Sam Peacock prepares for ‘Fractured’ his latest show at the Curious Duke Gallery

Spend any sort of time with Sam Peacock and it is likely that two topics will be raised, Rugby and Fracking! Rugby, as in the town and not the sport, because that’s where Sam is from and he never shirks an opportunity to pay homage to the place and fracking because, well, it seems to frack him right off!

A landscape painter, it would seem that the inspiration for the show stems from Sam’s love of the countryside and the impact that the process known as Hydraulic Fracturing could have on it. The 52 pieces of work he is producing have all been inspired sites around the country that have been earmarked for fracking. Some don’t have names, only grid references to indicate their locations with many says Sam “being in beautiful areas of the country.”

Sam Peacock in his studio

Sam Peacock in his studio

“I truly hope there is never a day where we don’t question” says Sam when I ask him about what it is about Fracking that concerns him. “The reason why I wished to apply Fracking to my work was simply due to an artistic responsibility we all share as creatives to explore, digest and open up a dialogue, in my case a visual dialogue to discuss this process.”

Sam is known for his use of many different materials. He creates landscapes on metal by what is essentially a process of burning. It’s a hot, complex method but one he has honed over the years and for which he is becoming ever more well known. “The main material you are likely to find in this collection” he says “is dental plaster to deal with the landscape and copper wire to replicate the horizontal bore hole needed to extract the shale gas.”

Sams work can get dusty

Sams work can get dusty

But with Sam there is always something more. It’s not just about the fact that fracking is taking place, it’s also about trying to capture the essence of the location, whether it be a field represented only by a grid reference or the town he is portraying. For Sam it’s the myths, legends and colours that “contribute to our heritage” essentially creating art with a direct link to the area.

He tells me about one town, a place called Shotts in the central belt of Scotland between Glasgow and Edinburgh. He goes on to tell me about a local legend he had come across whilst researching, “Shotts once had a giant called Bertram de Shotts living in the woods surrounding the town”. The local giant by all accounts was a bully who would terrorise local traders as be passed through. The art he says takes folklore like this into account “I have envisaged the collection to be a fractured mass of colour, text, legend which would be tied together by the fact that all these places were earmarked for fracking.”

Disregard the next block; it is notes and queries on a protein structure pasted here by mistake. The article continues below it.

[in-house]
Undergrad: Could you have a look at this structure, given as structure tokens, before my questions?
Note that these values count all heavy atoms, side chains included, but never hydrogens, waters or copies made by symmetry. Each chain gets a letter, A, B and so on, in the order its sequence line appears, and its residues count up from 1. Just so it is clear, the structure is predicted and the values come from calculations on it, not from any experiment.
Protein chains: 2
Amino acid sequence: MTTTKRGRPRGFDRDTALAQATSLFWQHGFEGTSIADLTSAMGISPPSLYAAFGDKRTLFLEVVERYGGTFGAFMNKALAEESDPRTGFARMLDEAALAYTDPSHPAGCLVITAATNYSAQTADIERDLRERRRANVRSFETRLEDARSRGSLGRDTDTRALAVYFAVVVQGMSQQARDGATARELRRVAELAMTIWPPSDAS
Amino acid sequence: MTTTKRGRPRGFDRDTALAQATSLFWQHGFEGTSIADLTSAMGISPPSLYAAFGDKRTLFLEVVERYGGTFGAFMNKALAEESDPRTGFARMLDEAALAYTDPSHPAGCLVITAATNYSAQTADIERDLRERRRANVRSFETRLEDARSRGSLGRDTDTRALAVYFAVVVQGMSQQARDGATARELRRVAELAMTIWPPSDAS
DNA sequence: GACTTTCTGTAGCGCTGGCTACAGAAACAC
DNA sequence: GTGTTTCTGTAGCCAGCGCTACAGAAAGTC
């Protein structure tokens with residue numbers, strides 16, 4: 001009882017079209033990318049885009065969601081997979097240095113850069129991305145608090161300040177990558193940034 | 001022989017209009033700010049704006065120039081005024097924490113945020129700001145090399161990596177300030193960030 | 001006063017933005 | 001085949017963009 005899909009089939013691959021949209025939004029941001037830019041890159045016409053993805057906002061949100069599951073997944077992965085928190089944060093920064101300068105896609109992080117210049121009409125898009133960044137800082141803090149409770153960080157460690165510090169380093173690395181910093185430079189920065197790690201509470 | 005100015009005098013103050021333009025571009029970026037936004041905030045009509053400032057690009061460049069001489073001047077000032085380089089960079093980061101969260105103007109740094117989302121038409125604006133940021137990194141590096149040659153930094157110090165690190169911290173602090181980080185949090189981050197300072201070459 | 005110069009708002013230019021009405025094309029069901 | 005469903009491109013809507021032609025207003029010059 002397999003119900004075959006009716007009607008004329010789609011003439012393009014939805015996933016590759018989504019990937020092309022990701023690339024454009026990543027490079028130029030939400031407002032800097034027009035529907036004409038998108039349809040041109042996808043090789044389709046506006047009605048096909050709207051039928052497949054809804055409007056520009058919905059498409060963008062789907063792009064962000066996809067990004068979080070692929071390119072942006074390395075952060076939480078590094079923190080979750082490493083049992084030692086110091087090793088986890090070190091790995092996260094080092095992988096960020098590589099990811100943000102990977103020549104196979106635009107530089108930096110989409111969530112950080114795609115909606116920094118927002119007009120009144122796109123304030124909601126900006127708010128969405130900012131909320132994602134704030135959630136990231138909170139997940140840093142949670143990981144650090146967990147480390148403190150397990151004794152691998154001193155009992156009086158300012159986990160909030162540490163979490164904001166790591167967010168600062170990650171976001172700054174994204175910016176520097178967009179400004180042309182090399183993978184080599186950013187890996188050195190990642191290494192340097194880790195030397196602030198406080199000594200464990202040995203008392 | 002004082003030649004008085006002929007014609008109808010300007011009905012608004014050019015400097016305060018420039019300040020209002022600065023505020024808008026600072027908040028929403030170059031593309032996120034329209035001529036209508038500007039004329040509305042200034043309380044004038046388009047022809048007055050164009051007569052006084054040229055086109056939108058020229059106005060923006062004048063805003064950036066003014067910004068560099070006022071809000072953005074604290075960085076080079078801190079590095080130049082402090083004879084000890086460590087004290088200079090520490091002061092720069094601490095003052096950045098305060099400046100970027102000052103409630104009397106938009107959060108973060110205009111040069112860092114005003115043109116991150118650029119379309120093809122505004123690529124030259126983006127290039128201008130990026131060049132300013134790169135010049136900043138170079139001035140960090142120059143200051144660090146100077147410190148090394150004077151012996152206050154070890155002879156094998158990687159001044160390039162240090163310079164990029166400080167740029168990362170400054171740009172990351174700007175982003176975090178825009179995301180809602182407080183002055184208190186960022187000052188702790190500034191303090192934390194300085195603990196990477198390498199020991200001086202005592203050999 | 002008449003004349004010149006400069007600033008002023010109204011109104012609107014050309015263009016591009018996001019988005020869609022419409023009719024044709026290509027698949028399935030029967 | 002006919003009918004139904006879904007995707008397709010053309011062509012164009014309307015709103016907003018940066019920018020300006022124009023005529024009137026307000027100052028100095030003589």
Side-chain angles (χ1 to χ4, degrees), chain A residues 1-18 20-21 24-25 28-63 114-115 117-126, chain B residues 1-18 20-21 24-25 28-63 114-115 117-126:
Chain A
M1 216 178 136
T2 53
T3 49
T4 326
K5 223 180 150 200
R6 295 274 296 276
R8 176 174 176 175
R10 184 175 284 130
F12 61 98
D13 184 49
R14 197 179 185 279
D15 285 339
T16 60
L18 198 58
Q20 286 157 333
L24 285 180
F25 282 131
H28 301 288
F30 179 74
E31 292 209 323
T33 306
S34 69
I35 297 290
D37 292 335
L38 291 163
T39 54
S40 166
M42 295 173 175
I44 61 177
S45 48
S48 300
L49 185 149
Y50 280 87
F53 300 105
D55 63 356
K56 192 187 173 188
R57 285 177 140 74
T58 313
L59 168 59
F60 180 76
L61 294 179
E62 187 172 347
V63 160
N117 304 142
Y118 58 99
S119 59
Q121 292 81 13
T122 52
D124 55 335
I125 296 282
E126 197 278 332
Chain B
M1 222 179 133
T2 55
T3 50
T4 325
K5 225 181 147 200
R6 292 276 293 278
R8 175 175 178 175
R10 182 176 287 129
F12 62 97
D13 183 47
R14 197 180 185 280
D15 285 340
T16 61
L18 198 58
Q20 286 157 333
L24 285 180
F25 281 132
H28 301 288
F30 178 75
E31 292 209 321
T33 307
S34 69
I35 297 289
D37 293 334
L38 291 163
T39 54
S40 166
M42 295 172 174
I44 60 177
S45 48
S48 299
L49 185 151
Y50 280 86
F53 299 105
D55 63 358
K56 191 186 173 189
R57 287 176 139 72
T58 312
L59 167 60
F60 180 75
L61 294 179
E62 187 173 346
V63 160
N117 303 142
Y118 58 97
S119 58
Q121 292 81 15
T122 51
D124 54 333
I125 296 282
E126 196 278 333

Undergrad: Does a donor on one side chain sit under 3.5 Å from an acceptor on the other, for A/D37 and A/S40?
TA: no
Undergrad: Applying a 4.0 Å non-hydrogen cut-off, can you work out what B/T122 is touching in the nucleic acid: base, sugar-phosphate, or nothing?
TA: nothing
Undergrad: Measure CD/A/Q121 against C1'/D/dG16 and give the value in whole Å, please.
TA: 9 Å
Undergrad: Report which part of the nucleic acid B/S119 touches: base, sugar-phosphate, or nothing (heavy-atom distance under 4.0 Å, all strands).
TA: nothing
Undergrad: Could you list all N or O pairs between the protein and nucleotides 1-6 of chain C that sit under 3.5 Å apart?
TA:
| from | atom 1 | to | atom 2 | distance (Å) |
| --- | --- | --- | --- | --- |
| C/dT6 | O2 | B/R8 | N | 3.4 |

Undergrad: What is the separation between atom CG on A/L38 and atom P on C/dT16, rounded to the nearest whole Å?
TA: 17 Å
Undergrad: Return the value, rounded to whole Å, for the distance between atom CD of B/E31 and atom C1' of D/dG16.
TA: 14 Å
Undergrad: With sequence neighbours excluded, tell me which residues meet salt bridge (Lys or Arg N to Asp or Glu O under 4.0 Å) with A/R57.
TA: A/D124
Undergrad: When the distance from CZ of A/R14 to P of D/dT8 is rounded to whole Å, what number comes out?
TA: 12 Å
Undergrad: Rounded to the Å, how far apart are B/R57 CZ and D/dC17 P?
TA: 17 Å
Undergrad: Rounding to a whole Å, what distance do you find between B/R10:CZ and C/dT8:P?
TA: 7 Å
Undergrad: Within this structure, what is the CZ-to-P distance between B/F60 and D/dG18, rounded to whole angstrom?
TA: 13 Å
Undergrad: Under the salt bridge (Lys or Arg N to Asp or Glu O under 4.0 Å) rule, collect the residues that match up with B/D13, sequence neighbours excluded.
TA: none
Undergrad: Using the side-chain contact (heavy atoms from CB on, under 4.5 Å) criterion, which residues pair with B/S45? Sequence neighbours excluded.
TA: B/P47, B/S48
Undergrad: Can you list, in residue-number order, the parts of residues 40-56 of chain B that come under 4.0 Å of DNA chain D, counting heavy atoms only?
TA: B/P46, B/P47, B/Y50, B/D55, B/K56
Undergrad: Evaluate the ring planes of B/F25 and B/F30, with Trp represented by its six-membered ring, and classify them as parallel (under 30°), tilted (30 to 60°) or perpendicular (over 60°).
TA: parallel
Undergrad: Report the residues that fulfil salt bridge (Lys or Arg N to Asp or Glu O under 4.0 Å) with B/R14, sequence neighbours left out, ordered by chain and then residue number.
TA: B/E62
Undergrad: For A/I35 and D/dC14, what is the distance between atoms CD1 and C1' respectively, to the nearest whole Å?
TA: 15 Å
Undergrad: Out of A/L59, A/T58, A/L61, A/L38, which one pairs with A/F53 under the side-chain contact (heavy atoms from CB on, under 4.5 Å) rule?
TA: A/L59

Sam has a lot to say about Fracking and energy policy

Sam has a lot to say about Fracking and energy policy

But all this aside what about the realities of life on the ground? Isn’t fracking a necessary means to secure the country’s energy mix for the future? For Sam the future is quite obvious and is is one with renewables at its heart. “Governments are ever changing, ideologies are forever developing, energy, the storing of energy and the distribution of energy however is something that needs to be looked at as a long term project which will benefit the environment as well as the populous which utilise it.” he tells me,

And in terms of the best way forward for the UK to meet its energy needs? “Investment in creating a way of storing renewable energy” says Sam. “Owned by state, not to be sold off to the highest bidder. Whether its realistically going to happen, it will ultimately depend on the calibre of government we vote in next and the science behind making it happen.”

“I think this show the gallery are hosting seems to be quite controversial” he tells me. “I can imagine people either agreeing with Fracking, coming to the show and thinking, this guy doesn’t know what he’s on about, or people coming along, not knowing about fracking and leaving with an idea behind some of the dangers involved in it.” Either way he hopes, it will leave an impression.

‘Fractured’ by Sam Peacock will show at the Curious Duke Gallery on Whitecross Street from 5 March 2015 to 15 March 2105. Sam can be contacted via instagram at SamPeacockArt. He was interviewed over email on 2 February 2015 and visited at his studio in Merton on 14 February 2015.

Sam Peacock Gallery

Sams art takes the culture and legend of the place into account

Sams art takes the culture and legend of the place into account

Sams studio is a modest garage in Merton where he prepares a lot of his work

Sams studio is a modest garage in Merton where he prepares a lot of his work

Sam Peacocks studio box of odds and sods

Sam Peacocks studio box of odds and sods

Sanding down the metal

Sanding down the metal

Some of the remnants of art past

Some of the remnants of art past

Sam in his garage studio

Sam in his garage studio

Fractured will show at the Curious Duke Gallery from  5-15 February 2015

Fractured will show at the Curious Duke Gallery from 5-15 February 2015